What's happening around Saudi Arabia

RIYADH: Three citizens, aged above 65, and a 32-year-old expatriate have died of Middle East Respiratory Syndrome (MERS) in Riyadh raising the death toll to 471 in Saudi Arabia since June 2012, the Ministry of Health said on Tuesday.It also reported...
JEDDAH: Five hospitals and health centers across the Kingdom have been ranked among the 10 top hospitals in the Arab World, according to the Webometrics Ranking of World Hospitals 2015 conducted by Cybermetrics Lab. King Faisal Specialist Hospital an...
RIYADH: The children of the martyrs and wounded soldiers will be given preference for jobs in the organization, KACST President Prince Turki bin Saud Bin Mohammad Al-Saud said Riyadh on Tuesday.On an initiative from the Ministry of Education, a two-d...
JEDDAH: The laboratory of Al-Amal Complex for Mental Health was recently ranked fifth in the RIQAS program for biochemistry out of 120 laboratories. It also came in sixth in the same program for the department of hematology among the 60 participants,...
RIYADH: Anticipating high temperatures during the Haj season, the Ministry of Health has made arrangements to install more equipment to treat heatstroke patients among pilgrims, Health Ministry spokesman Khaled Al-Mirghalani said following a meeting...
RIYADH: The National Water Company (NWC) has added a new feather to its cap by launching an e-branch (website www.nwc.com.sa) to serve the customers around the clock.The NWC, which aims to become the leading water utility in the Gulf that comes under...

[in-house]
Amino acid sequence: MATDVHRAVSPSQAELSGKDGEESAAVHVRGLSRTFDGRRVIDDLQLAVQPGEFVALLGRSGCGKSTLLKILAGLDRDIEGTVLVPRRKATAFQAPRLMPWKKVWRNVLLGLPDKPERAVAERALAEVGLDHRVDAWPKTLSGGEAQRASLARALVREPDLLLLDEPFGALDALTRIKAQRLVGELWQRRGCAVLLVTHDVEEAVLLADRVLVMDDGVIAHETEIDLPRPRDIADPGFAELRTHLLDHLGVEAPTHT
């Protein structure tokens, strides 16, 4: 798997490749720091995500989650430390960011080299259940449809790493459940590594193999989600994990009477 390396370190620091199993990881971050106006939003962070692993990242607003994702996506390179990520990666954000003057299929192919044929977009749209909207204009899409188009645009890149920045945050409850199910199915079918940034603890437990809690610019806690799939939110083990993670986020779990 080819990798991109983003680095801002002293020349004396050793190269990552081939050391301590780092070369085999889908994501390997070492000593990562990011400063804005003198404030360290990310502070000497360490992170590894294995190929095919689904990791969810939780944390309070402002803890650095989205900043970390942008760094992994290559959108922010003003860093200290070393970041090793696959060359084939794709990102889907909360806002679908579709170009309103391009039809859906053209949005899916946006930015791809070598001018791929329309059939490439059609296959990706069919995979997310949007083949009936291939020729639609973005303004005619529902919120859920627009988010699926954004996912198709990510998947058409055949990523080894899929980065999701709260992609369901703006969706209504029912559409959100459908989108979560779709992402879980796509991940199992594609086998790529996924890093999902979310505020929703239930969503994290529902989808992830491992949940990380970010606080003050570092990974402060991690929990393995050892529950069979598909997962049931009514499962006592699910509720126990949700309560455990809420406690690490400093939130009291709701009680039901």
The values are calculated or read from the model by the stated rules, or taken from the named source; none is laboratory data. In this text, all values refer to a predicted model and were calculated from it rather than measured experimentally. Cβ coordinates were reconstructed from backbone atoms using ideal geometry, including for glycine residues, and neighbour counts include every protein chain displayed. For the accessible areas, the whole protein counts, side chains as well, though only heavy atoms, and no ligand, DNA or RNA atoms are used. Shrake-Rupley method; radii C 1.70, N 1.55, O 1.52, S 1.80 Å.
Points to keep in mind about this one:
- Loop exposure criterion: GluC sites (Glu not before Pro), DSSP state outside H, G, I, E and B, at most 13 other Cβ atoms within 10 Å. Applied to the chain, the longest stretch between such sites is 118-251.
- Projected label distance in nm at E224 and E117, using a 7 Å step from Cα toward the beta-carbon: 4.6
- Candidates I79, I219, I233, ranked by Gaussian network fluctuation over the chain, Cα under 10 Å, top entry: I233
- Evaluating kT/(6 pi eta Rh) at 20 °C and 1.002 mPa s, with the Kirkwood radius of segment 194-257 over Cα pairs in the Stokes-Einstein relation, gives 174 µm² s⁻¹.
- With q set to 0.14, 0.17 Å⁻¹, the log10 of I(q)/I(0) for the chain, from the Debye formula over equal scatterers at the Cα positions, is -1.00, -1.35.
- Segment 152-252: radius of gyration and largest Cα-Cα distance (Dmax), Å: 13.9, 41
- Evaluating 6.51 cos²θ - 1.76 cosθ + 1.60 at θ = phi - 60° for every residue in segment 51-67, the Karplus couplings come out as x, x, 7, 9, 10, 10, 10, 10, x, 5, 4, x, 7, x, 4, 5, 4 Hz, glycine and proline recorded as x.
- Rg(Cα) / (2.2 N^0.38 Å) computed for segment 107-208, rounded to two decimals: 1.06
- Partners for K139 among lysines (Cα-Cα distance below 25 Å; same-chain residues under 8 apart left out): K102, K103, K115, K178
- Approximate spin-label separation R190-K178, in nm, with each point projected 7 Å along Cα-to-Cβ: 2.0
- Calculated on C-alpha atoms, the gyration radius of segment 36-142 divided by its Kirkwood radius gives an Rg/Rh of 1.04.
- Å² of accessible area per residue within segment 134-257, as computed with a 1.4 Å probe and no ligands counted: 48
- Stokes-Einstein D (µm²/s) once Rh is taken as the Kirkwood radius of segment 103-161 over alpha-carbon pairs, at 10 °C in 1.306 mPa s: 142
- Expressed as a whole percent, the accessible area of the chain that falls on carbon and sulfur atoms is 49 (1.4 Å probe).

DAMMAM: Traffic regulations in the Kingdom and many countries of the world dedicate the right lane of highways and roads to trucks as they are designed to carry heavy weights in contrast to the other lanes, which are allocated for lighter weight vehi...
RIYADH: The solar-power plant, “Layla,” in Aflaj province, will be opened shortly, Saleh Al-Awaji, chairman of Saudi Electricity Company (SEC), has said.The Saudi Electricity Company (SEC) is one of the signatories, along with King Abdulaziz City for...
RIYADH: The expanded facility for machine readable passports (MRPs) at the Embassy of Pakistan will help the mission process over 1,200 applications on daily basis. The new setup was inaugurated on Tuesday.Saudi Arabia hosts the largest Pakistan comm...
RIYADH: The Saudi Standards, Metrology and Quality Organization (SASO) has directed manufacturers and their agents in the Kingdom to strictly follow the safety regulations for the new cars to be marketed to the Kingdom beginning 2017.In a statement r...
RIYADH: The Ministry of Social Affairs recently honored 20 academically gifted orphans whom it had earlier sent to Japan for ten days to visit attractions that include cultural and educational institutions. Ministry of Social Affairs Undersecretary D...
JEDDAH: Prince Bandar bin Abdullah, member of the board of trustees of King Abdullah bin Abdul Aziz International Foundation for Humanitarian Action, spoke at the World Scout Jamboree in Japan. He expressed his gratitude and appreciation for the invi...
JEDDAH: The Ministry of Health has issued a circular to all health sector employees to ensure they sterilize their hands prior to dealing with patients.The circular, issued by Deputy Minister for Public Health Dr. Abdul Aziz Abdullah bin Saeed, is in...
JEDDAH: The Indonesian Consulate and community have been conducting their 70th Independence Day celebrations for the past three months by having different cultural and social activities. On Tuesday, the consulate arranged a blood donation camp with t...
JEDDAH: The Specialized Penal Court in Jeddah on Tuesday issued a preliminary verdict on the imprisonment of two Saudi suspects to 38 years.The first suspect was charged with firing on the police center in Awamiyah, Qatif Province, while the other wa...

Stay Connected

Facebook